This is one of the best dystopian novels because the way it intertwines personal grief with the more typical social commentary common in these works. After a widower is told that he doesn’t have much longer to live, he journeys with his son, who has Down syndrome, across the country as part of a mysterious census bureau for the government. This story seems like one that is intensely personal to Jesse Ball; the author reveals at the beginning of the novel that his brother who had Down syndrome recently died.
Snow crash by neal stephenson
This is not the first time I’ve mentioned this book, and it likely won’t be the last. It wound up on my Ready Player One Read-alikes blog post, but I would go so far as to say Snow Crash is a much better novel than Ready Player One, despite the latter’s rampant popularity. Snow Crash is tongue-in-cheek portrayal of a future world that is obsessed with virtual reality and completely run by mega-corporations. This is another one of my all-time favorites, because despite having similar themes to other books on this list, the humorous slant makes it unlike anything else I’ve ever read.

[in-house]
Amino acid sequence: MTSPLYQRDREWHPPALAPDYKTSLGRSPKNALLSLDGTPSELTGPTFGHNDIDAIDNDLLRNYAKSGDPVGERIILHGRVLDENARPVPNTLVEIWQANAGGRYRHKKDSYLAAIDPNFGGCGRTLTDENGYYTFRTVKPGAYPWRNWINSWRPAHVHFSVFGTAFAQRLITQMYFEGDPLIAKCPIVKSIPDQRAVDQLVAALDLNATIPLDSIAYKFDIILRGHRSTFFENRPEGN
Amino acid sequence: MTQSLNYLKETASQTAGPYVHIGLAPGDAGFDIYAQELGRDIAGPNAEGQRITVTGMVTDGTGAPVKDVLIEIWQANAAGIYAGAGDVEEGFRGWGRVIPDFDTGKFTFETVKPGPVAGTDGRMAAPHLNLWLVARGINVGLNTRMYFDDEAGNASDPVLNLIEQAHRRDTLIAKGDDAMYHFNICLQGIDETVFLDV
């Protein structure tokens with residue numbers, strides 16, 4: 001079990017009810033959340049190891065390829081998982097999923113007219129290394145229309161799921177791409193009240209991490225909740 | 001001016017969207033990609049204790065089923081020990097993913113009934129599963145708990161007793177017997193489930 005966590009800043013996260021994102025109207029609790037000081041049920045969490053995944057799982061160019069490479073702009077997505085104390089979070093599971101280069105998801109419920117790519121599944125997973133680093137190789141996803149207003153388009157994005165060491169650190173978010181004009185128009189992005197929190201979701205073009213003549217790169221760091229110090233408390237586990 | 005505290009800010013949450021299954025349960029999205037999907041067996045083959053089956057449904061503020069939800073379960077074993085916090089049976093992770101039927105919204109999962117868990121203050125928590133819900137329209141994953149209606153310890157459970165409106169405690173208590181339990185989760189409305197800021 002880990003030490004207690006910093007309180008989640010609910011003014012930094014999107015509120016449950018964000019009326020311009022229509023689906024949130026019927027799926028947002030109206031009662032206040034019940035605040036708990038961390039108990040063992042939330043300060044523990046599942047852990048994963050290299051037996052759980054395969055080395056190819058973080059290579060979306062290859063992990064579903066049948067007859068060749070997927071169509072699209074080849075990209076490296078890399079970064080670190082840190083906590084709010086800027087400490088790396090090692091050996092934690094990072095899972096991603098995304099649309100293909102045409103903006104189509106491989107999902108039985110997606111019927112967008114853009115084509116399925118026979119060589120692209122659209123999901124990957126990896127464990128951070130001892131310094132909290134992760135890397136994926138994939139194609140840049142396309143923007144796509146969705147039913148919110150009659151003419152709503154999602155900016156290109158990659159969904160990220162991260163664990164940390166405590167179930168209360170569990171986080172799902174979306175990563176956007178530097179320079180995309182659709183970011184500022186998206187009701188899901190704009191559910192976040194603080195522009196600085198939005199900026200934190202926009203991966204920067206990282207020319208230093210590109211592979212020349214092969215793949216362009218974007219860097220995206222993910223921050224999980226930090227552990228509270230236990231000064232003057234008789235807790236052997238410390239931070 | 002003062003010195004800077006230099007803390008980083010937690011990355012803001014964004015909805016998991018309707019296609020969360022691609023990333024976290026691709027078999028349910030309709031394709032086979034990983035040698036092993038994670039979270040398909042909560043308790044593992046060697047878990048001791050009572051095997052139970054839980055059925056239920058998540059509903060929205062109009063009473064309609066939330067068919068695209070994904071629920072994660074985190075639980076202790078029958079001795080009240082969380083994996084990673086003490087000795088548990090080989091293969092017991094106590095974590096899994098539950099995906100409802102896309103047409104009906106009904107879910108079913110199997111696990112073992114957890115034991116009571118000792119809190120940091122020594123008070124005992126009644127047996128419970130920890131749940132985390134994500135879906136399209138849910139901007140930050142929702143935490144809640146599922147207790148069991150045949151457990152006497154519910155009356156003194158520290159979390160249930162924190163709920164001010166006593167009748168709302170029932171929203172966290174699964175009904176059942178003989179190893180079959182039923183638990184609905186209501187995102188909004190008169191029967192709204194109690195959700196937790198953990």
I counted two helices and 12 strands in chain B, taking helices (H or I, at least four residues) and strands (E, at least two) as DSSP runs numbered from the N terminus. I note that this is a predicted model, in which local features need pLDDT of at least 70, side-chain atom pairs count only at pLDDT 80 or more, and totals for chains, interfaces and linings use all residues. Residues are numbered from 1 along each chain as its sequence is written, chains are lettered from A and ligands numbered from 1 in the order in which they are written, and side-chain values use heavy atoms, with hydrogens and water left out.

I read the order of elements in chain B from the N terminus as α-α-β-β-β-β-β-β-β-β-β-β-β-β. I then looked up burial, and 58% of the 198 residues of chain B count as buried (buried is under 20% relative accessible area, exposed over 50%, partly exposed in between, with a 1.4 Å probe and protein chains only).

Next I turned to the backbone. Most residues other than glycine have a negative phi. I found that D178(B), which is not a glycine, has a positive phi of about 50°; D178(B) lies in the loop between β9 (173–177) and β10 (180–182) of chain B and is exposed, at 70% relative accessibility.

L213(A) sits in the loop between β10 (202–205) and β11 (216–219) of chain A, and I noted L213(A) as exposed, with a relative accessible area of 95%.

The Weaver by Emmi Itäranta
The final book on this list has been published as The Weaver and, alternately, as The City of Woven Streets. This is another one that has been compared to Never Let Me Go, as well as the works of Ursula K. Le Guin. Eliana is a weaver hiding a birth defect that, if discovered, would send her straight to the House of the Tainted. This novel explores what happens when people are valued for what they produce rather than who they are, which, again, doesn’t sound too far off from where we are now. Fabulous.
For more excellent Dystopian recommendations, check out this list of Dystopian Fiction You Need to Survive the End of the World. Or these Dystopian Coming of Age Stories. Or these Books that are like Black Mirror. Or, read my Introduction to Climate Fiction/Cli-Fi post.
Basically, we here at Book Riot have a lot of Dystopian recommendations for you. Feel free to post your our recommendations for the best Dystopian novels in the comments!